I think we should start saying that Elephants, Tigers, and Lions originally roamed the United States unchecked, and in order to settle the country, we had to tame them, and travel in packs known as “circuses,” were we would move across the countryside, getting into Adventures, like on The Fugitive TV Show.

This is just off the dome; we can workshop it. But I’m certainly trying to think of new ways to entertain ourselves in the future.

Facebook Post: 2020-04-10T16:40:41

Neglected LPs Project: There are a few things that become instantaneously clear as a young person the moment you have personal contact: cookies with raisins in them are bullshit, all adults are constantly lying to you, and GENERIC FLIPPER is one of the greatest artistic achievements of the 20th Century. Not content to be truly skilled songwriters or performers, they choose to do the OPPOSITE of what was cool at every opportunity, to make a point about… well, doing heroin, I think? Regardless, this is a flawless record, perfectly capturing a band that was Generation X and Grunge before those things existed, is simultaneously earnest and laconic, and is so brilliantly packaged that no less than Public Image Limited ripped off the idea. As they used to say around the half-pipe, this is ALL KILLER, NO FILLER. A true masterpiece of weird rock music.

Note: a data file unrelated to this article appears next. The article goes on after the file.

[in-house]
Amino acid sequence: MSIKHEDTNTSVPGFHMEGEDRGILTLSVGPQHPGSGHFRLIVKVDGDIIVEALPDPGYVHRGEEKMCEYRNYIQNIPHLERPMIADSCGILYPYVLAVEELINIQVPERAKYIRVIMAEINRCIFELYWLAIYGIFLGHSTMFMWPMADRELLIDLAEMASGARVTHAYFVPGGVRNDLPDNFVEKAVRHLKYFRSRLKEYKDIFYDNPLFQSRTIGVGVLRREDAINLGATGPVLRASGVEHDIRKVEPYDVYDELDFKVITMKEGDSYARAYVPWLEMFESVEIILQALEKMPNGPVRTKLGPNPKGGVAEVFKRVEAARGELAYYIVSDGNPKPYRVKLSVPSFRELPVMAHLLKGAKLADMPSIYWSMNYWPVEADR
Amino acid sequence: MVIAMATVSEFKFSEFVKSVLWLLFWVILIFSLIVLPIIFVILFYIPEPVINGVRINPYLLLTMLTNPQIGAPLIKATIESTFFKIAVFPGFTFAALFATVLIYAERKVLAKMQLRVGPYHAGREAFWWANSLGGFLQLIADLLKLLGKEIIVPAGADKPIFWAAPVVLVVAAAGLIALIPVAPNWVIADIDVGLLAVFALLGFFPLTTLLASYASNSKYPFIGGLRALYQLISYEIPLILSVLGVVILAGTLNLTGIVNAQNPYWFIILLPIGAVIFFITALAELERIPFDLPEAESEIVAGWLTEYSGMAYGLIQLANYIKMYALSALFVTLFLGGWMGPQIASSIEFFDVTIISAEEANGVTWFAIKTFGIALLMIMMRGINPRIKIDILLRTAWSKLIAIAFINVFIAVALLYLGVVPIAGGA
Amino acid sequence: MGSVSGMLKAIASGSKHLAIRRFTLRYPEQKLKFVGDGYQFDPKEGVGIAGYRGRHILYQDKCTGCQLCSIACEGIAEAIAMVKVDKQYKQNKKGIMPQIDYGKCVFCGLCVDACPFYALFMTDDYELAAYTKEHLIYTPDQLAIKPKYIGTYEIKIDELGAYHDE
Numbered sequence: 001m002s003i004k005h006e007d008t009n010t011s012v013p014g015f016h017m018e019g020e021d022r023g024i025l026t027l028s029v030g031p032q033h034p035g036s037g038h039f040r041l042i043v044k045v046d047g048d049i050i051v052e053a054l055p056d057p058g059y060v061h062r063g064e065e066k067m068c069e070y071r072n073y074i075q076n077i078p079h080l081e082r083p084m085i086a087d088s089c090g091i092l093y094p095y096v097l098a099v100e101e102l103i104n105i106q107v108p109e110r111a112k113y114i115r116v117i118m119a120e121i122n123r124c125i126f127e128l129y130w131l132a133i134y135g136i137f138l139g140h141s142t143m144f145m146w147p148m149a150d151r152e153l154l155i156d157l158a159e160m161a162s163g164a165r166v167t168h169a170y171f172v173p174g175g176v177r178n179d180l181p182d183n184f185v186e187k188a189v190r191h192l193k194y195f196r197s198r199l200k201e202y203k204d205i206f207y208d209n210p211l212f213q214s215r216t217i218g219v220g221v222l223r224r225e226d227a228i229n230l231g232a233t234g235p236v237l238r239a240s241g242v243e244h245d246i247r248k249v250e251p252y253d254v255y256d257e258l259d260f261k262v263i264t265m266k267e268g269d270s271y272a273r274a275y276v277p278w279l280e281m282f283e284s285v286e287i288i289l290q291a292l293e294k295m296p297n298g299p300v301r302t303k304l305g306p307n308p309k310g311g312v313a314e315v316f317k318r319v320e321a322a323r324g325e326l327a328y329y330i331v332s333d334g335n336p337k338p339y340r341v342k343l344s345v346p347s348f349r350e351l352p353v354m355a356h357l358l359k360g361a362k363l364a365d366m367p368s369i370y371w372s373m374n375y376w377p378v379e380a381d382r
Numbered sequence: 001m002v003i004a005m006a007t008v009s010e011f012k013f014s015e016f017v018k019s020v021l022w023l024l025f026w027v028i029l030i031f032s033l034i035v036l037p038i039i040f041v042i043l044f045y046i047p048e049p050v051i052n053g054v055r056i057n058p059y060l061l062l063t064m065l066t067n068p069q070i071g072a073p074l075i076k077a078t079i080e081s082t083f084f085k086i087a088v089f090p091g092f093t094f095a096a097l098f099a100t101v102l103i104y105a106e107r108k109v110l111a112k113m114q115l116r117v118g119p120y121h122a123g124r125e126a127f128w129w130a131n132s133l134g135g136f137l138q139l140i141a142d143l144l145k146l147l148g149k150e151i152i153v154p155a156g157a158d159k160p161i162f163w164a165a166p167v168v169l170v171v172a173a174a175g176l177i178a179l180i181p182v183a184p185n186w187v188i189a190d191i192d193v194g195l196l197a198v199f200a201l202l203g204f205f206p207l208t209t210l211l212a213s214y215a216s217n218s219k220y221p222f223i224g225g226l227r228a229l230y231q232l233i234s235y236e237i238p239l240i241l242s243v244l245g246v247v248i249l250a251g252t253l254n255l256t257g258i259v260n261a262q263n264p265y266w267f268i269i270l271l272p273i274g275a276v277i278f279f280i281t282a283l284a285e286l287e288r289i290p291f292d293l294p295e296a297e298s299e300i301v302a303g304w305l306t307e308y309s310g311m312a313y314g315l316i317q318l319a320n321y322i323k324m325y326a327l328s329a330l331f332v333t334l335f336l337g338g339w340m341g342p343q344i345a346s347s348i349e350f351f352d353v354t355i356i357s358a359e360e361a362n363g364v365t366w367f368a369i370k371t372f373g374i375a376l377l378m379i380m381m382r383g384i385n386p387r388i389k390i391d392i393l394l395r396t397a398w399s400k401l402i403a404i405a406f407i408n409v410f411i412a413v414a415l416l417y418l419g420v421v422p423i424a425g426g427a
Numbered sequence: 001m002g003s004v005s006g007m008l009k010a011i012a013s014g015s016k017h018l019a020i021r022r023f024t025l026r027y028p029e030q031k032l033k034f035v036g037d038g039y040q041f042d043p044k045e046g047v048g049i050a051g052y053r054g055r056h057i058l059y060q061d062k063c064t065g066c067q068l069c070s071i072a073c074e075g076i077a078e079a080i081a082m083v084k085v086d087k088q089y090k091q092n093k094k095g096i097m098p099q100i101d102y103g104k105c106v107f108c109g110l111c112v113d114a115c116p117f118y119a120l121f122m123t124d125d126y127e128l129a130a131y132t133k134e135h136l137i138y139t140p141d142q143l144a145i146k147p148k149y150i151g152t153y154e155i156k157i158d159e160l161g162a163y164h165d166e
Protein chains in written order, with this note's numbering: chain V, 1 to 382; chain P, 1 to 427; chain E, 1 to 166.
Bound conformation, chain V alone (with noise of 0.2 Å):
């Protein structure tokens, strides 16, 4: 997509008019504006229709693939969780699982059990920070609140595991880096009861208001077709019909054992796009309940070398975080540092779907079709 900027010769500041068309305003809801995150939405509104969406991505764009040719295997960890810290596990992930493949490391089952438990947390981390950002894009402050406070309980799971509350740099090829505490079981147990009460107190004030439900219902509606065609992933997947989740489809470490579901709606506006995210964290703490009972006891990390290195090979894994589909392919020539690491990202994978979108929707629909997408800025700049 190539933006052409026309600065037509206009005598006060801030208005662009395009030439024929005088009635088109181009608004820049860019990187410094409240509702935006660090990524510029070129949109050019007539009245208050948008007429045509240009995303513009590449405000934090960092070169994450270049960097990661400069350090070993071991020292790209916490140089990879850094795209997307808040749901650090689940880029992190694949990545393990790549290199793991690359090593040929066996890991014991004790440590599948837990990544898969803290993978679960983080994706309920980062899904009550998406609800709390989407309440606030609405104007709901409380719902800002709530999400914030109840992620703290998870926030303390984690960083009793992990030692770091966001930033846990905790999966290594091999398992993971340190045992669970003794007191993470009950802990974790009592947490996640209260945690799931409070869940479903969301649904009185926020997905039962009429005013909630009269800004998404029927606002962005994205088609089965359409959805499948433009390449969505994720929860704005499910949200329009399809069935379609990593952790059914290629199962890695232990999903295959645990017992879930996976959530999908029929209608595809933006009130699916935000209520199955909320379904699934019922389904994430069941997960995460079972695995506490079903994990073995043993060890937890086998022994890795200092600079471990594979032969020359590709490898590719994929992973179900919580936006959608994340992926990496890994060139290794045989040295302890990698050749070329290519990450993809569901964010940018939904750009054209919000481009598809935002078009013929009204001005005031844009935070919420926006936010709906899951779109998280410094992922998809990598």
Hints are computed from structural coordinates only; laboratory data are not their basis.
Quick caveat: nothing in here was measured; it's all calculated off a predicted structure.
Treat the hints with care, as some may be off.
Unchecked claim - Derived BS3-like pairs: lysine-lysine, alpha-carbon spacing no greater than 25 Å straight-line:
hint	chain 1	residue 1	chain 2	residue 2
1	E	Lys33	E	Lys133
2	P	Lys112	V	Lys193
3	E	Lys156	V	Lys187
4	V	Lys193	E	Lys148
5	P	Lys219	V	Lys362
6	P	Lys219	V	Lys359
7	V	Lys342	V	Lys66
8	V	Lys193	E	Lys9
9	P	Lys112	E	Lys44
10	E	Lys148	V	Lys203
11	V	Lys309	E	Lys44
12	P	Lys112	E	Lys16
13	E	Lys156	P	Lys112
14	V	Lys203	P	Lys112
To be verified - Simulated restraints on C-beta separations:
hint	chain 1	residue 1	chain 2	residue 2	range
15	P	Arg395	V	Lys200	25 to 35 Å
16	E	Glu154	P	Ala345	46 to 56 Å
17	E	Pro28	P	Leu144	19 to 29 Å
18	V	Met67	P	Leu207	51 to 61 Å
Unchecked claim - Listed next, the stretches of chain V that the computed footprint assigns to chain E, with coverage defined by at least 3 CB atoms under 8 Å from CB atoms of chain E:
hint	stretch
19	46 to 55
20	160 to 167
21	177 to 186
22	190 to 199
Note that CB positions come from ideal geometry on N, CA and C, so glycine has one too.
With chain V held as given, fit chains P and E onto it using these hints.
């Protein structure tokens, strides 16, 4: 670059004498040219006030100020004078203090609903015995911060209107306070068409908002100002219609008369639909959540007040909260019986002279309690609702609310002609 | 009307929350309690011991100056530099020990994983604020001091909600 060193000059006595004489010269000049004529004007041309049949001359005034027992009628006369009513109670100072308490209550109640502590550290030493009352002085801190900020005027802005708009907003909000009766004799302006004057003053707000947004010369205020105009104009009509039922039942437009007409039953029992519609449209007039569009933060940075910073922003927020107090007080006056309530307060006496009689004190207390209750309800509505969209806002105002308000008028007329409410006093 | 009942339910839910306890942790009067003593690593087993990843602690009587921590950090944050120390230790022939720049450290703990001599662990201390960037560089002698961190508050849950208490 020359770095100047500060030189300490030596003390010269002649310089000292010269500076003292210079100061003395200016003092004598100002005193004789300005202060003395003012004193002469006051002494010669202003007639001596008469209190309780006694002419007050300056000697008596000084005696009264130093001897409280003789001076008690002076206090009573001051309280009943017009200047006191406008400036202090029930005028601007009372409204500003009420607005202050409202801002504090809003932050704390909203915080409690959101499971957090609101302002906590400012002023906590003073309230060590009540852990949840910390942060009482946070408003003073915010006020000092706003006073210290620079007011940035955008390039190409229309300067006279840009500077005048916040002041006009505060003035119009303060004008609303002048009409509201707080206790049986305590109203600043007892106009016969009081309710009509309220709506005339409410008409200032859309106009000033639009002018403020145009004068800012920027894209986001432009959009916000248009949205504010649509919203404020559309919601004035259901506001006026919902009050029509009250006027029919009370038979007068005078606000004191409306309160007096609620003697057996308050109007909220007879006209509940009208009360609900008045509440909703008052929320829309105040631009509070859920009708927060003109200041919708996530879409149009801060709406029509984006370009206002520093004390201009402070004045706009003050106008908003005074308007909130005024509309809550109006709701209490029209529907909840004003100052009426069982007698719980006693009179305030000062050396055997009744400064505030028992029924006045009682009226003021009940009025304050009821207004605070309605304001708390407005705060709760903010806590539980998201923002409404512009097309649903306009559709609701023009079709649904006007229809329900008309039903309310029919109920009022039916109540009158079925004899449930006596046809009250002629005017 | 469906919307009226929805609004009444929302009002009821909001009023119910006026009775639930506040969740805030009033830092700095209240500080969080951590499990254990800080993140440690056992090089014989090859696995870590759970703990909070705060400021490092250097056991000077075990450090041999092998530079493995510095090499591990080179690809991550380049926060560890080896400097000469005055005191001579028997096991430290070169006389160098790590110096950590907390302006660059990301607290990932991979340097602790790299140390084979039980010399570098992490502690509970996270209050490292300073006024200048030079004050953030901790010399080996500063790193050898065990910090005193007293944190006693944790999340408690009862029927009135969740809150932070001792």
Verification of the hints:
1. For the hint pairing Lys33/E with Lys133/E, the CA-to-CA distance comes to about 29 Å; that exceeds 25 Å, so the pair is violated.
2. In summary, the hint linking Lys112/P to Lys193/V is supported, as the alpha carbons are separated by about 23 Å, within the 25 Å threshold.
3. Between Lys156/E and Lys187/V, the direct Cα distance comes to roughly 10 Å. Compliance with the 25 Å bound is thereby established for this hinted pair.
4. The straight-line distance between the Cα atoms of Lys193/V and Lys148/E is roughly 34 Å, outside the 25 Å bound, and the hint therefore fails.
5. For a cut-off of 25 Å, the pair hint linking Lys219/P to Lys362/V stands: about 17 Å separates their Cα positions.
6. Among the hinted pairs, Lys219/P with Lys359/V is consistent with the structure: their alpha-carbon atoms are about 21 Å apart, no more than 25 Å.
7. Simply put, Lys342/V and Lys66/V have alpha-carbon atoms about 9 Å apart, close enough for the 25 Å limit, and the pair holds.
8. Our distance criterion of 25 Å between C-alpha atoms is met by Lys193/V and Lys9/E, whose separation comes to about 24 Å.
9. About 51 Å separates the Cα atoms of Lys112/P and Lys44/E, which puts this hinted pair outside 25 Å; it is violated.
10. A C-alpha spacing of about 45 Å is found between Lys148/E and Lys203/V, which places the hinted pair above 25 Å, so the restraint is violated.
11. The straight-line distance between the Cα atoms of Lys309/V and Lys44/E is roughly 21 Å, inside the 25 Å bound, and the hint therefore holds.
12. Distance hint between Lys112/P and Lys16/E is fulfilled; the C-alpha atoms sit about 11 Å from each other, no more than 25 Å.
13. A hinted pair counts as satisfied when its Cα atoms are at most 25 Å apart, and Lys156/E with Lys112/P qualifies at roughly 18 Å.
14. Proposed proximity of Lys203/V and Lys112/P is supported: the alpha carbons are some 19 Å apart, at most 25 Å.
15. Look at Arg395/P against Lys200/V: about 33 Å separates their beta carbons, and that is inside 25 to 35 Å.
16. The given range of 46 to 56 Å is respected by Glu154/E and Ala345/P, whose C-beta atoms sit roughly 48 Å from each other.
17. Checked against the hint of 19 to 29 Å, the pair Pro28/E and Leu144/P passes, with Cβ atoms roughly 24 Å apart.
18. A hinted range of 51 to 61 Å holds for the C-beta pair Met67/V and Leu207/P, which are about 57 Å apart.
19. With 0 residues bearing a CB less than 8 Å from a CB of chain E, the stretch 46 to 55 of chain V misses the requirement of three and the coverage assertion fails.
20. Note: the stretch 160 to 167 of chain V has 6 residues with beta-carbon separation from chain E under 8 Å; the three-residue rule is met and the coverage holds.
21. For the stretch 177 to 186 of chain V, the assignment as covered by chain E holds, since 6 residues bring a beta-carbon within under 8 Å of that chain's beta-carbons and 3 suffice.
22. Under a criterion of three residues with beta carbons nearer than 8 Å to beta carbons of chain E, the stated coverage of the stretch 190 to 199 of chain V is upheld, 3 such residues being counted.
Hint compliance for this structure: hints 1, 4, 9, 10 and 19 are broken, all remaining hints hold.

Facebook Post: 2020-04-10T05:42:38

NPR Tid-Bit today: Grocery Store Sales are up nationally, but only by a small fraction. (Not a lot for the Sales to impact the grocery store in a big way, but enough to be noticeable.) Grocery Sales, however, are not enough to make up for the massive decrease in Food Sales nationally, from restaurants and locations that had to shut down due to the virus. Far more money, by a factor of four, was being spent in restaurants.

This means that previously, a ridiculously large number of food sales in general were in restaurants, period. That same number of meals, theoretically, are still being eaten in America, but at a significant savings when it has to be made at home.

I think this will have an impact on our economy in some way…